Uruguay has enjoyed an extended period of stability and economic growth for the past 20 years. However, the pace has slowed in recent times. President Luis Lacalle Pou was inaugurated in March 2020 with a conservative coalition that promised to rein in government spending and reduce the fiscal deficit. After a difficult 2020, in no small part due to the global health emergency, the IMF has predicted growth of 3% for 2021.
Meanwhile, the investment-friendly economy of the past few decades has provided for a legal market with considerable clout. The boom years fostered firms with transactional skills. Renewable energy opportunities have sparked an uptick in project financing while M&A lawyers have since benefited from the sale of wind and solar farms. The country has also seen an increase in infrastructure PPPs and concessions, which have grown since President Pou pledged both to liberalise certain sectors and to find alternatives for the financing of public works. Meanwhile, the liberalisation of cannabis in 2013 increased administrative work and investment opportunities, inspiring firms to deepen their expertise and offerings in this field.
Uruguay has a mature legal market, with firms that enjoy international profiles and are somewhat larger than the country’s size and GDP might hint at. The market is dominated by the two largest firms, Ferrere and Guyer & Regules. The former has long been synonymous with regional expansion, although that growth stalled recently after its entire Ecuadorian partnership left to start a new firm. The move followed four partners leaving the firm’s Bolivian office with some 50 lawyers to launch a new outfit. Ferrere still retains a small operation in La Paz. At home though, it continues its neck-and-neck race with its major rival.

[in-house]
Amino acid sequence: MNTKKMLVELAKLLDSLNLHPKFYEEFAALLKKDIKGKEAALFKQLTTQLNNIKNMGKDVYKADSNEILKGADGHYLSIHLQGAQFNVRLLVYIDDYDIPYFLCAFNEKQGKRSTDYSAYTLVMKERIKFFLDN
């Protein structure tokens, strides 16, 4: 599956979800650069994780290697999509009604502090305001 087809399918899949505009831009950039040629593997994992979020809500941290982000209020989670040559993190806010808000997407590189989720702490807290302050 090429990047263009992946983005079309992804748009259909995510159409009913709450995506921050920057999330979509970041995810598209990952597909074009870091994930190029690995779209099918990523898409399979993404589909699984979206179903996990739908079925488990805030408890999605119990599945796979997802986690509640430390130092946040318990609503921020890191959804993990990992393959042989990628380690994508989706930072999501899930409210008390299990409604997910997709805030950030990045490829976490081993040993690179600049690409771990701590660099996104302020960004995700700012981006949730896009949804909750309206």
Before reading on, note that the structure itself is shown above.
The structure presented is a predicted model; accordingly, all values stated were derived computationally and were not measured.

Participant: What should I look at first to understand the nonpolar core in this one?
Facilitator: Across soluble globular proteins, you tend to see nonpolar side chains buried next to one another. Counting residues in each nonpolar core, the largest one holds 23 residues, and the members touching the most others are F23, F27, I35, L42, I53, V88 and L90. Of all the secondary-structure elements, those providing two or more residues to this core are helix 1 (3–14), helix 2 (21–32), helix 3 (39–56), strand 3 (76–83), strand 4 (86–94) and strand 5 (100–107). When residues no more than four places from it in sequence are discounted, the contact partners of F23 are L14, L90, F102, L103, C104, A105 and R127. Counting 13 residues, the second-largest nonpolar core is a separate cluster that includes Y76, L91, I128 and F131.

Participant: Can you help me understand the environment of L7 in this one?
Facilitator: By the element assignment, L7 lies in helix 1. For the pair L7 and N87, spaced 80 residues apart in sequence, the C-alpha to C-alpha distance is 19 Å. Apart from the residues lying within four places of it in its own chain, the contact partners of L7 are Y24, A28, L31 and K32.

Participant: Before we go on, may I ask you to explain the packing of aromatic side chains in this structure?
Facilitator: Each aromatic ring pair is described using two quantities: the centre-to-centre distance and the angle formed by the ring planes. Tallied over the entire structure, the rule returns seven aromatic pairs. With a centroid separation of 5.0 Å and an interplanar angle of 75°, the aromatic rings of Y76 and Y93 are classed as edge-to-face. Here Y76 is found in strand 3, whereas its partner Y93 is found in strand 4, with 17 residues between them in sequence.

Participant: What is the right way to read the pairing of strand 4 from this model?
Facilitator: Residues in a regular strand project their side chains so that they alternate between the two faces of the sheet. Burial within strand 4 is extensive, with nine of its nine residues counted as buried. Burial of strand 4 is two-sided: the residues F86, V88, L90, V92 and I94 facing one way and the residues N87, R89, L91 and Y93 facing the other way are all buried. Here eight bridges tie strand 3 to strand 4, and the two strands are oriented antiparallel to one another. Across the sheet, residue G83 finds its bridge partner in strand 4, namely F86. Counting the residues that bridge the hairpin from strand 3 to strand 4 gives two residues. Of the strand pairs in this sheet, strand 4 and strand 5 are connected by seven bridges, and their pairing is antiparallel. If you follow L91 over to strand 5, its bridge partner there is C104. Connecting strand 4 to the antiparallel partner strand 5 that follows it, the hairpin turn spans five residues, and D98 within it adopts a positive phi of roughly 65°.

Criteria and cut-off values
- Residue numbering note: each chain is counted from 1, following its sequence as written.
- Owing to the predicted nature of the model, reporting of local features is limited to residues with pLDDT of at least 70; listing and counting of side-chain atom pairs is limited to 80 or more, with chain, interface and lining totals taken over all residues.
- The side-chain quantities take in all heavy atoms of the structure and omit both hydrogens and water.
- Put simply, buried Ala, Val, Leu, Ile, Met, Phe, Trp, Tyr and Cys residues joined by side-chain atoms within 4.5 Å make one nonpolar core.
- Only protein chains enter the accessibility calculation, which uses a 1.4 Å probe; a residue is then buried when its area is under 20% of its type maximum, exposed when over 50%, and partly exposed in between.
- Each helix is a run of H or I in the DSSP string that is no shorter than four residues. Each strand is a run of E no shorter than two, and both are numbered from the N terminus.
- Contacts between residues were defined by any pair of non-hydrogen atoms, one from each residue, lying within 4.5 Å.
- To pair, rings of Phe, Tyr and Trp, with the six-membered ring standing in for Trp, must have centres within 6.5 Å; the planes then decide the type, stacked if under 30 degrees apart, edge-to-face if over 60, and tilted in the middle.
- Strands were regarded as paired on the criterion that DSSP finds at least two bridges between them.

Despite the dominance of these two firms, there are also highly rated alternatives and these firms leverage their smaller headcounts to give clients specialised counsel across a range of areas.
To complement their Montevideo headquarters, several firms have offices in the city’s free trade zones, and in the resort city of Punta del Este. Ferrere remains the only Uruguayan firm to pursue international expansion and that looks unlikely to change anytime soon, with no other Uruguayan firms planning international openings. In the same vein, while Dentons’ arrival in the country was not a major surprise given its strategy, no one expects more foreign firms to be setting up shop in Uruguay in the near future. In 2021, the firm opened a new office in Montevideo’s free-trade zone, its second outpost in Uruguay since it launched there just over a year ago.